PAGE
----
Toronto’s condo market is on solid ground according to a recent research paper published by Scotiabank Economics. Toronto’s condo market is the one segment of the real estate market that industry watchers are keeping an eye on because it’s believed to be the most vulnerable. With over 36,000 condominiums currently under construction, there is a risk of an oversupply once these condos are completed. But Scotiabank economist Adrienne Warren concludes in her report that the risk of an oversupply of condos which would result in a broad decline in prices is low.
She gives seven key reasons for this conclusion:
Fewer Condos under Construction
The number of condo apartment units under construction has fallen for four consecutive months.
Residential Construction Intentions are down
The number of new construction permits being issued is on the way down as well. The weak sales environment in the new construction market means that far fewer building permits are going to be issued over the next few years.
Increase in Cancellations Expected
They expect to see an increase in the number of pre-construction condominium projects getting cancelled due to poor sales and a tightening of credit. Many of these displaced buyers are expected to re-enter the housing market.
Number of unsold units is below prior cycle peaks
The number of completed but unsold multi-unit dwellings is below prior cycle peaks. This low rate of additional inventory has a lot to do with the tighter lending requirements set out by the banks. Lenders typically want to see 65%-75% of a condo sold before financing the project.
Apartment rental vacancy rates are low
Low vacancy rates in the condo market means that speculators and home owners have the option of renting their condo should they not be able to get the sale price they hoped for.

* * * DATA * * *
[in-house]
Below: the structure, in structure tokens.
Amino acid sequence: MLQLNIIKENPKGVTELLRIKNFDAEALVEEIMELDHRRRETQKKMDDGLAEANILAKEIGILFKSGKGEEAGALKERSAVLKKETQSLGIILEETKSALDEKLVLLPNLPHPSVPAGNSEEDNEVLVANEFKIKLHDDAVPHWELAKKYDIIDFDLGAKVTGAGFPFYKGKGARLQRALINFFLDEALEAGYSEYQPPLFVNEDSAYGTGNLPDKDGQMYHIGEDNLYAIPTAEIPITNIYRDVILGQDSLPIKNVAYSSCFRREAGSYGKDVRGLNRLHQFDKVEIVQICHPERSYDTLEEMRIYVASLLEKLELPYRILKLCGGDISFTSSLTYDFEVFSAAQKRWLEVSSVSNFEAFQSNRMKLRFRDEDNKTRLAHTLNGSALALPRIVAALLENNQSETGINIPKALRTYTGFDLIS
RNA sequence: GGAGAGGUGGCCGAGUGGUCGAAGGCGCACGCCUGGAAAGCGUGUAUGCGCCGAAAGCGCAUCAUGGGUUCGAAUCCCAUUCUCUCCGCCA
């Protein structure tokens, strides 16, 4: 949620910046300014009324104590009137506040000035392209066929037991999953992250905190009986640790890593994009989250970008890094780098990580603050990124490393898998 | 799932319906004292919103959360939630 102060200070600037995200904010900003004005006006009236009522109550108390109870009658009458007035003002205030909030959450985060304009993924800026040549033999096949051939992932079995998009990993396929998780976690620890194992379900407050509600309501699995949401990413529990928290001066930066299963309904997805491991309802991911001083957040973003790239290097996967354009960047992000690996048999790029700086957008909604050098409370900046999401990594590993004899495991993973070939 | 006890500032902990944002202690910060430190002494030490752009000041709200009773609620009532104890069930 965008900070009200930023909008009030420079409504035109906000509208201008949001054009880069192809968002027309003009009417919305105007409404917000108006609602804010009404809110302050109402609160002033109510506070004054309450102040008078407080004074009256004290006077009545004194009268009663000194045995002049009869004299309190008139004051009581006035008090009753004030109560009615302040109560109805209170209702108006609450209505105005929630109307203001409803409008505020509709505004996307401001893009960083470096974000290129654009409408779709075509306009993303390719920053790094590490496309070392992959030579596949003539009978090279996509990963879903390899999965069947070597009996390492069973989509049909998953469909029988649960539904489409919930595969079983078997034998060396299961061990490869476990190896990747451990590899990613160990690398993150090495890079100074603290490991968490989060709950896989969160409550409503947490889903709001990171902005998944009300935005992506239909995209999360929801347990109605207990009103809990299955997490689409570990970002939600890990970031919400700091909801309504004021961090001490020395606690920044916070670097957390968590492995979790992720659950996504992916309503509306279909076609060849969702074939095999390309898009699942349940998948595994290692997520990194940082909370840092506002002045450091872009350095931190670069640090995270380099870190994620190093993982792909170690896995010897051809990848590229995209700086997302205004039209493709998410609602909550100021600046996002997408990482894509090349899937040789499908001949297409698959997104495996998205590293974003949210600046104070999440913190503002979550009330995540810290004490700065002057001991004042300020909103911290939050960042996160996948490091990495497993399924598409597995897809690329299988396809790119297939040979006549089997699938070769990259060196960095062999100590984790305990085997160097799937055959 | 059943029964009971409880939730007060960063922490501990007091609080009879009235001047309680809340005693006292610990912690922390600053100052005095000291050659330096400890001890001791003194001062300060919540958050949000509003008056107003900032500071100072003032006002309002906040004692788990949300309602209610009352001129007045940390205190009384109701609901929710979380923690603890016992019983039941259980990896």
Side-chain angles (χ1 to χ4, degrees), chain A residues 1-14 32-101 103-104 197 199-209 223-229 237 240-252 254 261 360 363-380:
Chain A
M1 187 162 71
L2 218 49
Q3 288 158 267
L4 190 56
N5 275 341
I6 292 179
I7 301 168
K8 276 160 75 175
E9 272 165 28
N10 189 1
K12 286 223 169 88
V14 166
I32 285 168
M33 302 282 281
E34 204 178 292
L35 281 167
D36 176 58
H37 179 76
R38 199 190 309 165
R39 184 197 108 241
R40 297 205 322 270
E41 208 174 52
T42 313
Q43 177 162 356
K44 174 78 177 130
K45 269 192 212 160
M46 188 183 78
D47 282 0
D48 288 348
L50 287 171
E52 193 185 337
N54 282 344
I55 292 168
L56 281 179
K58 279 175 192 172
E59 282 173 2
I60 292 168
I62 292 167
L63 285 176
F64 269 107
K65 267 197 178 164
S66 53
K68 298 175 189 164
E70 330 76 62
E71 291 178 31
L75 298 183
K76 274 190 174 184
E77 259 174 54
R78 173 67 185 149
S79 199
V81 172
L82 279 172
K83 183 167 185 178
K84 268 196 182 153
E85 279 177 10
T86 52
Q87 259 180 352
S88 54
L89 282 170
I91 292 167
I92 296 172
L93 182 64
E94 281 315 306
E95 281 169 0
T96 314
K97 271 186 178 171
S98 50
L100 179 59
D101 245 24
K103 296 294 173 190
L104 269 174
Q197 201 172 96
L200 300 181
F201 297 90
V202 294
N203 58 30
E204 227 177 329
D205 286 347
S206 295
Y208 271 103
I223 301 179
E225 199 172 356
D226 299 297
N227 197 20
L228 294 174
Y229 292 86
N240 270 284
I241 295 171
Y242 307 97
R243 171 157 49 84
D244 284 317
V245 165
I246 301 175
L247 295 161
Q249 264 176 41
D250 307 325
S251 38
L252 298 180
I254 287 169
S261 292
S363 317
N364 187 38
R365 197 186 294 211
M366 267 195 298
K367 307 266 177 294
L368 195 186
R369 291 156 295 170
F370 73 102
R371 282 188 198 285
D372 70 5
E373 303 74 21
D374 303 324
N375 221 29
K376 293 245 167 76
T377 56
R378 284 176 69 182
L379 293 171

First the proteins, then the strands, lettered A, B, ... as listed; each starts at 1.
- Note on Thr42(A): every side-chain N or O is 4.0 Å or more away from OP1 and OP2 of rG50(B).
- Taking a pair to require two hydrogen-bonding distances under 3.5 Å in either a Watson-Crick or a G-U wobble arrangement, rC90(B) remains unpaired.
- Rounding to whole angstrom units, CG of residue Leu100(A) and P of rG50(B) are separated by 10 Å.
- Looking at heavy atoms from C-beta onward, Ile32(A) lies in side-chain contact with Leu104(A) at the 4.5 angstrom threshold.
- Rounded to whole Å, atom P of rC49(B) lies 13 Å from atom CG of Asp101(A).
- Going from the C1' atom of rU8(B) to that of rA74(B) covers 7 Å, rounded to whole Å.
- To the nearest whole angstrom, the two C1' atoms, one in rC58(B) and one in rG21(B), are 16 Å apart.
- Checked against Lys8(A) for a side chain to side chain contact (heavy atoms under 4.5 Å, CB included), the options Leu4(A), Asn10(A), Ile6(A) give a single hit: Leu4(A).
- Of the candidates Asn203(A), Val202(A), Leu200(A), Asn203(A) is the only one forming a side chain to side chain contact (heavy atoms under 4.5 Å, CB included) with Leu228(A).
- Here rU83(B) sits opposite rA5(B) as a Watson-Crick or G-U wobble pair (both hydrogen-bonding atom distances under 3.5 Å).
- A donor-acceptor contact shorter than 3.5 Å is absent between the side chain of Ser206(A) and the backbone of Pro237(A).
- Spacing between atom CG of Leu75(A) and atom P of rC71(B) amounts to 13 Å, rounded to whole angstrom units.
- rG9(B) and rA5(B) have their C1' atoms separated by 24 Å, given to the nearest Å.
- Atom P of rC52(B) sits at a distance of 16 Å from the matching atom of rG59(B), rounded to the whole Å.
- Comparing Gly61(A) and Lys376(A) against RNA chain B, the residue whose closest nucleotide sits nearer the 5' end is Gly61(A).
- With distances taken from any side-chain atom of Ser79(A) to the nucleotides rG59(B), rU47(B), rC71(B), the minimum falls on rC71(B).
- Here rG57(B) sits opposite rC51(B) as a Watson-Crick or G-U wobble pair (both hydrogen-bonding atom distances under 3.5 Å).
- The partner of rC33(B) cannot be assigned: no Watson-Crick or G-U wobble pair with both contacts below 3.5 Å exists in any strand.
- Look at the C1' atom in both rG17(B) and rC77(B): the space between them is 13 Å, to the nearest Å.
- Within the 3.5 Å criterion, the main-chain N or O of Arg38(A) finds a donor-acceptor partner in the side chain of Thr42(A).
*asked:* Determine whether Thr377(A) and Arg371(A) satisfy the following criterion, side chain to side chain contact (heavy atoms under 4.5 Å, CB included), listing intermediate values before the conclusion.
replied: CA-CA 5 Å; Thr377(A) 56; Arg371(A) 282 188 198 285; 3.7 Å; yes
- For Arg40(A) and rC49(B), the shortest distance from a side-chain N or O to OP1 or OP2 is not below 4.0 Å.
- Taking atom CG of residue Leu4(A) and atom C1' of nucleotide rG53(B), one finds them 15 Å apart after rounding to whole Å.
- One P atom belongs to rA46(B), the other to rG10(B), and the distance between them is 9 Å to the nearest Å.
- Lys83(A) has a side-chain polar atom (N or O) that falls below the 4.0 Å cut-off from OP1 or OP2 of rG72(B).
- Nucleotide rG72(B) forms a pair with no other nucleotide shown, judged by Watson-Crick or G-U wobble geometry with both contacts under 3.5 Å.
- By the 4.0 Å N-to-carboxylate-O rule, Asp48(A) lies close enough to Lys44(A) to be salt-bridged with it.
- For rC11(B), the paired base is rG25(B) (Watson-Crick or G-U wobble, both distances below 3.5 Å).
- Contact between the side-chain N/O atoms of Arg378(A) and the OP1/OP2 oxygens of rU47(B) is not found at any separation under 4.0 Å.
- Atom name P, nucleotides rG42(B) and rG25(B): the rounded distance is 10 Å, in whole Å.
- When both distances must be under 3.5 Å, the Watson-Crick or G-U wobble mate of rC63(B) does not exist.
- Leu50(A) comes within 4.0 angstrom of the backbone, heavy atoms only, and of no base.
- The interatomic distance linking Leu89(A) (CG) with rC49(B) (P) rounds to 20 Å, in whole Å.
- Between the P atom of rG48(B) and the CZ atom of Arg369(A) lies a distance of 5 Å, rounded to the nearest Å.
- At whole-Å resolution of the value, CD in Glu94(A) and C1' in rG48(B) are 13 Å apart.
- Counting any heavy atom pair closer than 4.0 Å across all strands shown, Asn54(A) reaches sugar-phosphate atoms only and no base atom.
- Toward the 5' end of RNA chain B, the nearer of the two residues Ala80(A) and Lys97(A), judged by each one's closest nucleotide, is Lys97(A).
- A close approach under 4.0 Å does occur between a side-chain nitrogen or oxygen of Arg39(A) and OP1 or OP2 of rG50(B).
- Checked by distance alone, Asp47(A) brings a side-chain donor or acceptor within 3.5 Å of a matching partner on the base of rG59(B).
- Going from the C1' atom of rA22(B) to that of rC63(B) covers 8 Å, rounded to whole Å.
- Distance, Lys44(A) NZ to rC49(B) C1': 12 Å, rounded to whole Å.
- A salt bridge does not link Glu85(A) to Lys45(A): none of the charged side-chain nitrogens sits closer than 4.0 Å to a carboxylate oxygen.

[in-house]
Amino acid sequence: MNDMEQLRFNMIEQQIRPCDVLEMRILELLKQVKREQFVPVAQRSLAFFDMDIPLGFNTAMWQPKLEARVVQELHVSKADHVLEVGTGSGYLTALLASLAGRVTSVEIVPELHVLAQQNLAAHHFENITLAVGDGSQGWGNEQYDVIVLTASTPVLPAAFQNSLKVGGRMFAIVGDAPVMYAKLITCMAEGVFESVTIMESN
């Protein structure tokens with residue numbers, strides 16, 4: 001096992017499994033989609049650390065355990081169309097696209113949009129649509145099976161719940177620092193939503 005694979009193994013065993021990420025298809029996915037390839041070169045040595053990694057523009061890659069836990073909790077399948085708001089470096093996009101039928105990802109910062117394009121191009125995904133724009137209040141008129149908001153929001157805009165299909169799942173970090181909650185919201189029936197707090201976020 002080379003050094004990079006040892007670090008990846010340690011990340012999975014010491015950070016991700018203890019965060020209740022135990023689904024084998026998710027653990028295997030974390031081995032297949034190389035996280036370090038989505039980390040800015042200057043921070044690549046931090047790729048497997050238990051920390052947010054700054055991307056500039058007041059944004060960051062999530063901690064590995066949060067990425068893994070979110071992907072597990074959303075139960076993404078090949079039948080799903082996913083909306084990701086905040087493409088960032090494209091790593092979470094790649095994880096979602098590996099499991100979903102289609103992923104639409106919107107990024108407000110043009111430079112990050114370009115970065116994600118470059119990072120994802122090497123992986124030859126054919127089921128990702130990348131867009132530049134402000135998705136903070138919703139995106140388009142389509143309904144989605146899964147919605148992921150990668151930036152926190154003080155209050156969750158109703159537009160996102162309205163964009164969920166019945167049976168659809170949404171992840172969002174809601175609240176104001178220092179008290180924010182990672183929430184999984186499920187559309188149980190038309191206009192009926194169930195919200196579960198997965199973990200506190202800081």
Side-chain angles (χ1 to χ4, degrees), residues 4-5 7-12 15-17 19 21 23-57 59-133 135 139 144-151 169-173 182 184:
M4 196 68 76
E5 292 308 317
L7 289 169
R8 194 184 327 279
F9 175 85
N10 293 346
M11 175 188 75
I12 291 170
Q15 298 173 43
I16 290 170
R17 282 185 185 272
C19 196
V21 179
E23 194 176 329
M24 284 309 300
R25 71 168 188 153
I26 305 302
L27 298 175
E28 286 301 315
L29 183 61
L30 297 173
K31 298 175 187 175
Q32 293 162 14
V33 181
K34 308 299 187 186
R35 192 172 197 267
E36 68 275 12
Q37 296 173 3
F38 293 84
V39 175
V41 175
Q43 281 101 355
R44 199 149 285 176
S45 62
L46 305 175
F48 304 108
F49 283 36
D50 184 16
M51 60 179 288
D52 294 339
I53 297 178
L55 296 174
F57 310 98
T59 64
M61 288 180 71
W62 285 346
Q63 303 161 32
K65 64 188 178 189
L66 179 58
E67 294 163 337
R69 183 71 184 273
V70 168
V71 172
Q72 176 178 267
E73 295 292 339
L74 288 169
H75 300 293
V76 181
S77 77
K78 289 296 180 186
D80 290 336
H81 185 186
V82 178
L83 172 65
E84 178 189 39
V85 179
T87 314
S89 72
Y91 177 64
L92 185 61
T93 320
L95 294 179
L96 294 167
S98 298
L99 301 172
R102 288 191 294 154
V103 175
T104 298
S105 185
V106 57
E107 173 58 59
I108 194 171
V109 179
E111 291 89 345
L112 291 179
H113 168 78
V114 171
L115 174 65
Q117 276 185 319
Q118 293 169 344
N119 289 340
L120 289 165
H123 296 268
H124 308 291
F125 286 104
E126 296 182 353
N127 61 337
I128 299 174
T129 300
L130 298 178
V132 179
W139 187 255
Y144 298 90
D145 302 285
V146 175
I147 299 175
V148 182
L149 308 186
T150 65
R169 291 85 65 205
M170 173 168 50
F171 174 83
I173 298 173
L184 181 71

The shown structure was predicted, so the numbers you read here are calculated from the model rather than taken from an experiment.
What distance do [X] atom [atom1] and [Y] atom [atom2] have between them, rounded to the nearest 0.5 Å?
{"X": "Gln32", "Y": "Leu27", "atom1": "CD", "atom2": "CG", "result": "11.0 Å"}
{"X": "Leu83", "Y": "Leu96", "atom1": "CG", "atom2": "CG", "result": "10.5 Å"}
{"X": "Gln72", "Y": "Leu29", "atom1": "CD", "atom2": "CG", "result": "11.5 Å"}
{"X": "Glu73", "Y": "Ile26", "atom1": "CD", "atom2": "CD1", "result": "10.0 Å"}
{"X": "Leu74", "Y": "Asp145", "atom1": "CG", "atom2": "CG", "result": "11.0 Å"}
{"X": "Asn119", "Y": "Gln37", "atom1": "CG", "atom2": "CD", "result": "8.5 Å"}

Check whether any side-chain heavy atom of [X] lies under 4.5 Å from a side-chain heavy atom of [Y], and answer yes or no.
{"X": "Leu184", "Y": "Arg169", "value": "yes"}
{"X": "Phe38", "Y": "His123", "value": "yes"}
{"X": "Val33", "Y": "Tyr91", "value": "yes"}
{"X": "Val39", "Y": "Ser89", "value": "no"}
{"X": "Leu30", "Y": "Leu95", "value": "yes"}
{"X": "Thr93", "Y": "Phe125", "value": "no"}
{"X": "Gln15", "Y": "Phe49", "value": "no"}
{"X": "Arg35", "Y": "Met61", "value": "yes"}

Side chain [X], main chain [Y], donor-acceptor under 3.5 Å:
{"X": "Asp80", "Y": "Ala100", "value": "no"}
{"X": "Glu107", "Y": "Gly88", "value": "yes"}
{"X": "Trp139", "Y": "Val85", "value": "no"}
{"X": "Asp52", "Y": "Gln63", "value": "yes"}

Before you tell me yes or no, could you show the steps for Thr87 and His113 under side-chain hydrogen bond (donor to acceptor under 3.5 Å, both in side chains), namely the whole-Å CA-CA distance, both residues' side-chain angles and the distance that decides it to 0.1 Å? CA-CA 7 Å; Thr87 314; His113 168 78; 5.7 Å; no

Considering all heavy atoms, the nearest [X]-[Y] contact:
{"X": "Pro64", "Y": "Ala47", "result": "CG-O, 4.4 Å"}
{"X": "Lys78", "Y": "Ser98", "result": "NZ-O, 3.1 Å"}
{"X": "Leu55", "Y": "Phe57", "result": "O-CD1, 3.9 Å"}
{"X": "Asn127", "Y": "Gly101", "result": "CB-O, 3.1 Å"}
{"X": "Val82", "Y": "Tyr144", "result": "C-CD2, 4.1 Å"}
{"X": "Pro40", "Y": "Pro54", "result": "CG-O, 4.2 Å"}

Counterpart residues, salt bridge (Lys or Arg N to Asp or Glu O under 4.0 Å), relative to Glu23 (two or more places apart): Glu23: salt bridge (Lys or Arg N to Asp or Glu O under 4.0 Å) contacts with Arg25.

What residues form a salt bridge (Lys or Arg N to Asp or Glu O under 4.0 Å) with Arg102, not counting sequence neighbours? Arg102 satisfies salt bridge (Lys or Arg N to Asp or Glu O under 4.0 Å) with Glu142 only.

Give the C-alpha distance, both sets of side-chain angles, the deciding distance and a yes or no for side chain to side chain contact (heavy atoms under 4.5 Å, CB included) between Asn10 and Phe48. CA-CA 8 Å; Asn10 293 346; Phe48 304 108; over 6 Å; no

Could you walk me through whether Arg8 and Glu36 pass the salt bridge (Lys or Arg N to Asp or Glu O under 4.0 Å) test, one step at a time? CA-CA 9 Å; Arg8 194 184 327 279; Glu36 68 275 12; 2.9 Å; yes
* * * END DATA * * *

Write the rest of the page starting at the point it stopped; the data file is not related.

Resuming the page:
Deep freeze is almost over
Sales of new condominiums were up sharply in March.
Shifting demographics and demand preferences
Condominiums have become a preferred housing type for many home buyers. In 1991 multi-unit dwellings accounted for 16% of owner occupied housing in Canada compared to a record 24% in 2006. This increase in demand for condominiums means that our “market can sustain a higher level of condominium housing stock than in the past”.
The report also looked at the following city-level metrics to gauge the risks in different markets:
- Unsold inventory scaled to the size of the adult population
- Apartment rental vacancy rates
- Cost of renting over owning
“The higher inventory levels and rental vacancy rates, and the lower the relative cost of renting over homeownership, the greater the risk of developing an oversupply of condo units”
Out of the six cities analyzed the risk appears to be the greatest in Calgary while Toronto and Vancouver “fare the best on the combination of the three metrics”.
You can download a complete copy of the report here.
Photo: Casa Condominium by Cresford